It is World War II: the colonial masters of the Netherlands East Indies an their surviving forces have fled to Australia to avoid capture by the Japanese. Most wash up in wartime Sydney where something remarkable happens: Indonesians living in White Australia are accepted as more than just 'natives'. Among them are former political prisoners and educated Christians, like ship's purser Anton Maramis. Their Australian supporters are wharfies, radicals, businessmen, anthropologists, clergymen and many strong women, like 16-year-old Charlotte (Lottie) Reid. Her story encapsulates the political drama that unfolds as Australia turns away from its affinity with colonial powers to support the indonesian struggle, a critical moment in its emerging engagement with its Asian neighbours.
In the retelling Lottie tells of falling in love with Anton Maramis, defying official and social discouragement to marry, and moving to war-torn Jakarta on the eve of Indonesian independence. Along the way, Lottie and Anton suffer indignity and obstruction from British and Dutch colonial authorities.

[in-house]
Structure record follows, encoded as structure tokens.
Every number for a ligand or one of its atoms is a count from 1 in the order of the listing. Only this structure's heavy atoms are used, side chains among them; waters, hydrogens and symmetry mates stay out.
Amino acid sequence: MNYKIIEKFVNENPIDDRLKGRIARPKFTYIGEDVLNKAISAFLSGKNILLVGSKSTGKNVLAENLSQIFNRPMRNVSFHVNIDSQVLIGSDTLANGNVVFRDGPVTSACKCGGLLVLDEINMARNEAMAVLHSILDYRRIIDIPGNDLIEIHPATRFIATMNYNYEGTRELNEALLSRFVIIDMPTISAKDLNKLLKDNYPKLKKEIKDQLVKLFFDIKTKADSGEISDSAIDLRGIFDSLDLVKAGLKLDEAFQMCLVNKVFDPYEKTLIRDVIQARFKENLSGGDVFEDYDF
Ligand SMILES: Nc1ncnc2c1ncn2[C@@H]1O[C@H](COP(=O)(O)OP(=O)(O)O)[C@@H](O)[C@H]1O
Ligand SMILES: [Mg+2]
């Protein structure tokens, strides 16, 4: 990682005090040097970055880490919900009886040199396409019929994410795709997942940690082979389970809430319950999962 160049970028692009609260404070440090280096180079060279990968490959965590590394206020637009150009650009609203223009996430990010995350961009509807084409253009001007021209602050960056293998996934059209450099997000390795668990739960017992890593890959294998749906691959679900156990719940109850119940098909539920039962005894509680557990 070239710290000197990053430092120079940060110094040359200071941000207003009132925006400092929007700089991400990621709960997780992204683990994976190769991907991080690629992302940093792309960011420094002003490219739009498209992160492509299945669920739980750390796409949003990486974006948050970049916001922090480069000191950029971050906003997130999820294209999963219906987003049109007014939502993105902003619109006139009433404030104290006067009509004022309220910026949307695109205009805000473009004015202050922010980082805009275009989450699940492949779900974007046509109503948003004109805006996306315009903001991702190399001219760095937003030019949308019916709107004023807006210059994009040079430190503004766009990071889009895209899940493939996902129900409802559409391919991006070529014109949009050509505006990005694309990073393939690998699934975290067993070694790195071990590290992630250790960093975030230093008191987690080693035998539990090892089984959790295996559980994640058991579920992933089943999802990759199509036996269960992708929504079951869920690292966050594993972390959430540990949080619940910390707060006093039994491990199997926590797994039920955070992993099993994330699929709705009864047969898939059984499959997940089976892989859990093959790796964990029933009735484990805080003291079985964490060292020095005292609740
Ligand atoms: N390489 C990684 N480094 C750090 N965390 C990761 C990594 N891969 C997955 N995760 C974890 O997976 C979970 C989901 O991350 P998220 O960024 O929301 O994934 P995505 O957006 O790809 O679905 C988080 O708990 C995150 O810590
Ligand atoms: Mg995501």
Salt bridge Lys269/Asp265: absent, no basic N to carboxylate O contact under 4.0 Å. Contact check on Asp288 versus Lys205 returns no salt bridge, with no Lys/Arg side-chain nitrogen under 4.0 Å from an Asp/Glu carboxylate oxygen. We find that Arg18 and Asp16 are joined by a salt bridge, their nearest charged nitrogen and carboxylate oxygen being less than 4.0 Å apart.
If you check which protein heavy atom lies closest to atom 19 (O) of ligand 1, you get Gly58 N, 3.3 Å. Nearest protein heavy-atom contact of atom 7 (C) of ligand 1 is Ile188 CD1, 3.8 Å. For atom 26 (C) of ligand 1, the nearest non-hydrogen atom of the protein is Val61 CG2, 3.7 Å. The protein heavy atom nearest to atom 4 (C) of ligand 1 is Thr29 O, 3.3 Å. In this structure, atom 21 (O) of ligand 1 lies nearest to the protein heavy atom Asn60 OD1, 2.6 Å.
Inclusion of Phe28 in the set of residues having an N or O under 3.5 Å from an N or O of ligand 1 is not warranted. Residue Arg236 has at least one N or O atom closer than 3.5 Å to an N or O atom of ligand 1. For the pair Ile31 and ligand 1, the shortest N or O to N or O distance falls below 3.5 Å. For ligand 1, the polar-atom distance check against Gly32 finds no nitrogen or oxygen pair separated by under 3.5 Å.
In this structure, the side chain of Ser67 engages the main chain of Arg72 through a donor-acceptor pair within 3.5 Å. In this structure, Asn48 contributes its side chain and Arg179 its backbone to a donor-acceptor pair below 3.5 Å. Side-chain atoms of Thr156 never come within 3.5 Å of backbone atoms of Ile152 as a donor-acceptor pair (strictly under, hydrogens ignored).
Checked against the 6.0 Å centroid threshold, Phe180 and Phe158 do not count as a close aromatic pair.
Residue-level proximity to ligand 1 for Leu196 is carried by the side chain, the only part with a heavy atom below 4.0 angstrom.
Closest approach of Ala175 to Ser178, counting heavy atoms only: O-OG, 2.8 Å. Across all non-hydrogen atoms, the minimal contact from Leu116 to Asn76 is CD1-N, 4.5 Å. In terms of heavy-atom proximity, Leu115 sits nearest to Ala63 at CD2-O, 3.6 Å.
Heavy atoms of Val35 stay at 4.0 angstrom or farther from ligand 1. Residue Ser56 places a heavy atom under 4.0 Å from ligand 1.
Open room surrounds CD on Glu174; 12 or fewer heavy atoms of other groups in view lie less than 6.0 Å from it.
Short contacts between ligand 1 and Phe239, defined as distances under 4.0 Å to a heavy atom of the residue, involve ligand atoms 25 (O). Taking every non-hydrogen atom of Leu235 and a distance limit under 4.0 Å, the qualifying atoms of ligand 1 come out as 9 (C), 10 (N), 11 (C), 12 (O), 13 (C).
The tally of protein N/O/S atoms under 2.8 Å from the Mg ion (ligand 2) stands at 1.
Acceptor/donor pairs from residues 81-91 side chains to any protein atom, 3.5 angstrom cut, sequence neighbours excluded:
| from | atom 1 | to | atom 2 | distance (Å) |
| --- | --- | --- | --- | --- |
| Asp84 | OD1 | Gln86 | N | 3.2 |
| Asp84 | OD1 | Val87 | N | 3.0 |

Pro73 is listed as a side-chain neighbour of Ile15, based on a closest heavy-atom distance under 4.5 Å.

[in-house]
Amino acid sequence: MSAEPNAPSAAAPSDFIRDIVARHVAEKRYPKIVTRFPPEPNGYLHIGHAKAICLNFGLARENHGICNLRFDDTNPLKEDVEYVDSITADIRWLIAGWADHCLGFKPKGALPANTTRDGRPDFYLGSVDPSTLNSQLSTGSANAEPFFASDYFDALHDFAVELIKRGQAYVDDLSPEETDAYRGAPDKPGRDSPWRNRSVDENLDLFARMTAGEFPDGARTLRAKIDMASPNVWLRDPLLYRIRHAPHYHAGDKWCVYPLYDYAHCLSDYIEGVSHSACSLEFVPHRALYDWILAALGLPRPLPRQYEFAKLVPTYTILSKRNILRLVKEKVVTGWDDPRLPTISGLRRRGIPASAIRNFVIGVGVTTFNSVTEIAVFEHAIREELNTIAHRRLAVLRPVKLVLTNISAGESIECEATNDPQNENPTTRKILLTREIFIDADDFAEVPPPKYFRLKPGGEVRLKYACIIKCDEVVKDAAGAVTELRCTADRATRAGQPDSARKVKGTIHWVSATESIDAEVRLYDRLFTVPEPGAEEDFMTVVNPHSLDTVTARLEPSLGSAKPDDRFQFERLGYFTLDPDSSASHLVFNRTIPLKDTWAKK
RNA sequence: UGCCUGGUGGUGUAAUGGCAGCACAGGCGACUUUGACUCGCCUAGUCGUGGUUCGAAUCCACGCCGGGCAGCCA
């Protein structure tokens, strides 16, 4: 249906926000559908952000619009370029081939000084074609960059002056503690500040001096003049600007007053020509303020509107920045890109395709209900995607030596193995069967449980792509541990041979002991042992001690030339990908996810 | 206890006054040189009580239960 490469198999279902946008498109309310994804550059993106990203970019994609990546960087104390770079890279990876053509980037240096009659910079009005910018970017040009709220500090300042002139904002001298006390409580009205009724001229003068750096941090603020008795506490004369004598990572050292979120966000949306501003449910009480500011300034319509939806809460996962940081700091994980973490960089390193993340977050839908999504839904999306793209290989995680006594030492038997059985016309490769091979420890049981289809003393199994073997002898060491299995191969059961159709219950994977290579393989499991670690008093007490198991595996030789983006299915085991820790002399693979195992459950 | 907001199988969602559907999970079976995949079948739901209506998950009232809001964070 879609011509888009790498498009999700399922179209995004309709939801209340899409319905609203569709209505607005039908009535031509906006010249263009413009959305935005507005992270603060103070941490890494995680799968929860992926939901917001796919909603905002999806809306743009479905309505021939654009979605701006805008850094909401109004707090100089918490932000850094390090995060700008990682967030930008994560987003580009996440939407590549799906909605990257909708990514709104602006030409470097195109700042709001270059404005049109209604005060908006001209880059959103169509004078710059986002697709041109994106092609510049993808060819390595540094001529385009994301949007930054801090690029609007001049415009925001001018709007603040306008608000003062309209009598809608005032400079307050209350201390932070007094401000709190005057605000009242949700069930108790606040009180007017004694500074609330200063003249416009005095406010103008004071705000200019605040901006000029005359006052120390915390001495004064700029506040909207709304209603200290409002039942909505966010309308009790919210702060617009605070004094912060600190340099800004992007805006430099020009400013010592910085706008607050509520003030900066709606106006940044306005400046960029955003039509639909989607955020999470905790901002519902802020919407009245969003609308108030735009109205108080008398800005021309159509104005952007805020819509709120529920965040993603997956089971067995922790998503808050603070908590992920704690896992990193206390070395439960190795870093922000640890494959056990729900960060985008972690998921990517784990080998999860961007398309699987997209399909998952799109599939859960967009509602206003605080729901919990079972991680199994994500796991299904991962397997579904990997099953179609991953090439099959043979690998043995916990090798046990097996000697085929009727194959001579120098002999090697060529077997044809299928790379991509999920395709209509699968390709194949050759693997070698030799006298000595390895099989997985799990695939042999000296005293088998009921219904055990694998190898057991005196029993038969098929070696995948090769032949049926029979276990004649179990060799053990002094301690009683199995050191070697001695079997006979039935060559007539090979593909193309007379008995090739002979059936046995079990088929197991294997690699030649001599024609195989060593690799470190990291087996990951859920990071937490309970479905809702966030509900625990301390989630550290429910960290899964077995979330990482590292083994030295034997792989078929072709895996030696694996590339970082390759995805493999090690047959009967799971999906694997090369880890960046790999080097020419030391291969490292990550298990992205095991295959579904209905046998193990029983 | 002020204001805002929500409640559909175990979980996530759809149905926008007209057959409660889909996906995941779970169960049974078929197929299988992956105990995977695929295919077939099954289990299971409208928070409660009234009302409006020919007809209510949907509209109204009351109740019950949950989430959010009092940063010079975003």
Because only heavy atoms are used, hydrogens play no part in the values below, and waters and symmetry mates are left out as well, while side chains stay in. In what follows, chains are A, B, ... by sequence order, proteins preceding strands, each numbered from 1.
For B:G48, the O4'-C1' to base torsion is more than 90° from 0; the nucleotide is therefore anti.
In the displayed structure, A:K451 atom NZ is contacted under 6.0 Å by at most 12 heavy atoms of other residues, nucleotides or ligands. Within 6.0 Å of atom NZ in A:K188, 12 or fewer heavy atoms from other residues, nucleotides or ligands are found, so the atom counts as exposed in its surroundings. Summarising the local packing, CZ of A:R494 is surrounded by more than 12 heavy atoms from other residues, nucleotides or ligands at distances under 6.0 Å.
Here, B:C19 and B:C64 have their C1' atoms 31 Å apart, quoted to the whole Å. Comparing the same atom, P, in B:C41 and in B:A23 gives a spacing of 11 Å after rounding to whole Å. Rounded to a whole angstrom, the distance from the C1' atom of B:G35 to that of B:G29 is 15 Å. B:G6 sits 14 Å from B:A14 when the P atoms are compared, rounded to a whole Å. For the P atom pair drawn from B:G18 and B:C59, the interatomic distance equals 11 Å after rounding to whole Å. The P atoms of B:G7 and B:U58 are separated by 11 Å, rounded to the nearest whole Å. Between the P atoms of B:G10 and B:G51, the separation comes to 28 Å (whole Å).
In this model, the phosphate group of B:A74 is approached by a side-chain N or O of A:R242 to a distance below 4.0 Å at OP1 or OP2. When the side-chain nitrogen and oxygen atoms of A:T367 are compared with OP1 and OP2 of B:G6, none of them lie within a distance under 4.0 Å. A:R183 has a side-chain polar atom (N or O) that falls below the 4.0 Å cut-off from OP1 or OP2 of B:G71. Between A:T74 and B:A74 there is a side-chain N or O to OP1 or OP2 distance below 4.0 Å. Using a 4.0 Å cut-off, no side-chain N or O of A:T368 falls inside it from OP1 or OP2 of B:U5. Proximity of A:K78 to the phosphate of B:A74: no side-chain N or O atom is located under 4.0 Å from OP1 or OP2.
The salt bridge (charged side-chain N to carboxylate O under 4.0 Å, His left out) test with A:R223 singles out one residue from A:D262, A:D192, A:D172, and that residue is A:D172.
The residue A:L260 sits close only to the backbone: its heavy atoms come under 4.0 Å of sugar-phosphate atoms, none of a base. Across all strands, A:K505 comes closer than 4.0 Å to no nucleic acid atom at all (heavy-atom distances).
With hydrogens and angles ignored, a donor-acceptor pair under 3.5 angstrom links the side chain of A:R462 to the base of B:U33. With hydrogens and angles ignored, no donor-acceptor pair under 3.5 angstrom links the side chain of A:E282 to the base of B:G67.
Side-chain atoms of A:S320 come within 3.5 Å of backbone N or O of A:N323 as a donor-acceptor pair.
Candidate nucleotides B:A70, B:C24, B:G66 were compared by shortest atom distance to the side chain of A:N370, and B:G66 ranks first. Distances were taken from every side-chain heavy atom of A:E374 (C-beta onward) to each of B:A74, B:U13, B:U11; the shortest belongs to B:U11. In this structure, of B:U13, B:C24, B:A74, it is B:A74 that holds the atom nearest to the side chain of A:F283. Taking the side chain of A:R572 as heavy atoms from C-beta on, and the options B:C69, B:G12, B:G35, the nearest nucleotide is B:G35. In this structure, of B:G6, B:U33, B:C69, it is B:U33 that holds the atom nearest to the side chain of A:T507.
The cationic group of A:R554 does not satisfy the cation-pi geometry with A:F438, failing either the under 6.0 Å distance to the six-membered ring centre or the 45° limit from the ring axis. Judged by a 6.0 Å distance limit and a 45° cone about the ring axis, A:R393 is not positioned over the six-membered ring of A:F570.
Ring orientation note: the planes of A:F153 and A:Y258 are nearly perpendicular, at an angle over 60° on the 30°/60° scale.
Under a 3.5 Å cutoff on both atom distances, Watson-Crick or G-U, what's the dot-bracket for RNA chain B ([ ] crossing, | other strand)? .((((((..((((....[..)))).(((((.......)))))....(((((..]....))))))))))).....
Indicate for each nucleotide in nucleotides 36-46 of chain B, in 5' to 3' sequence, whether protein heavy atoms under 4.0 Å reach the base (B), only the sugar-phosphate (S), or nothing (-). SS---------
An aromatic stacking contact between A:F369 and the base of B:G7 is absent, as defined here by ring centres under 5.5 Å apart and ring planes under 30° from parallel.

Their love story takes you to the moment millions of Indonesians line Jakarta;s streets and gather around village radios, tears running down their cheeks, to listen as Indonesia's first president declares Merdeka! (Freedom!).
Lottie takes you inside the houses, markets and laneways of the impoverished new nation and into the warmth of her new relatives, her hilarious chronicling of it all as a journalist on a Jakarta newspaper, and to Anton's death and State funeral in Indonesia, and his bust in Jakarta's Museum of National Struggle.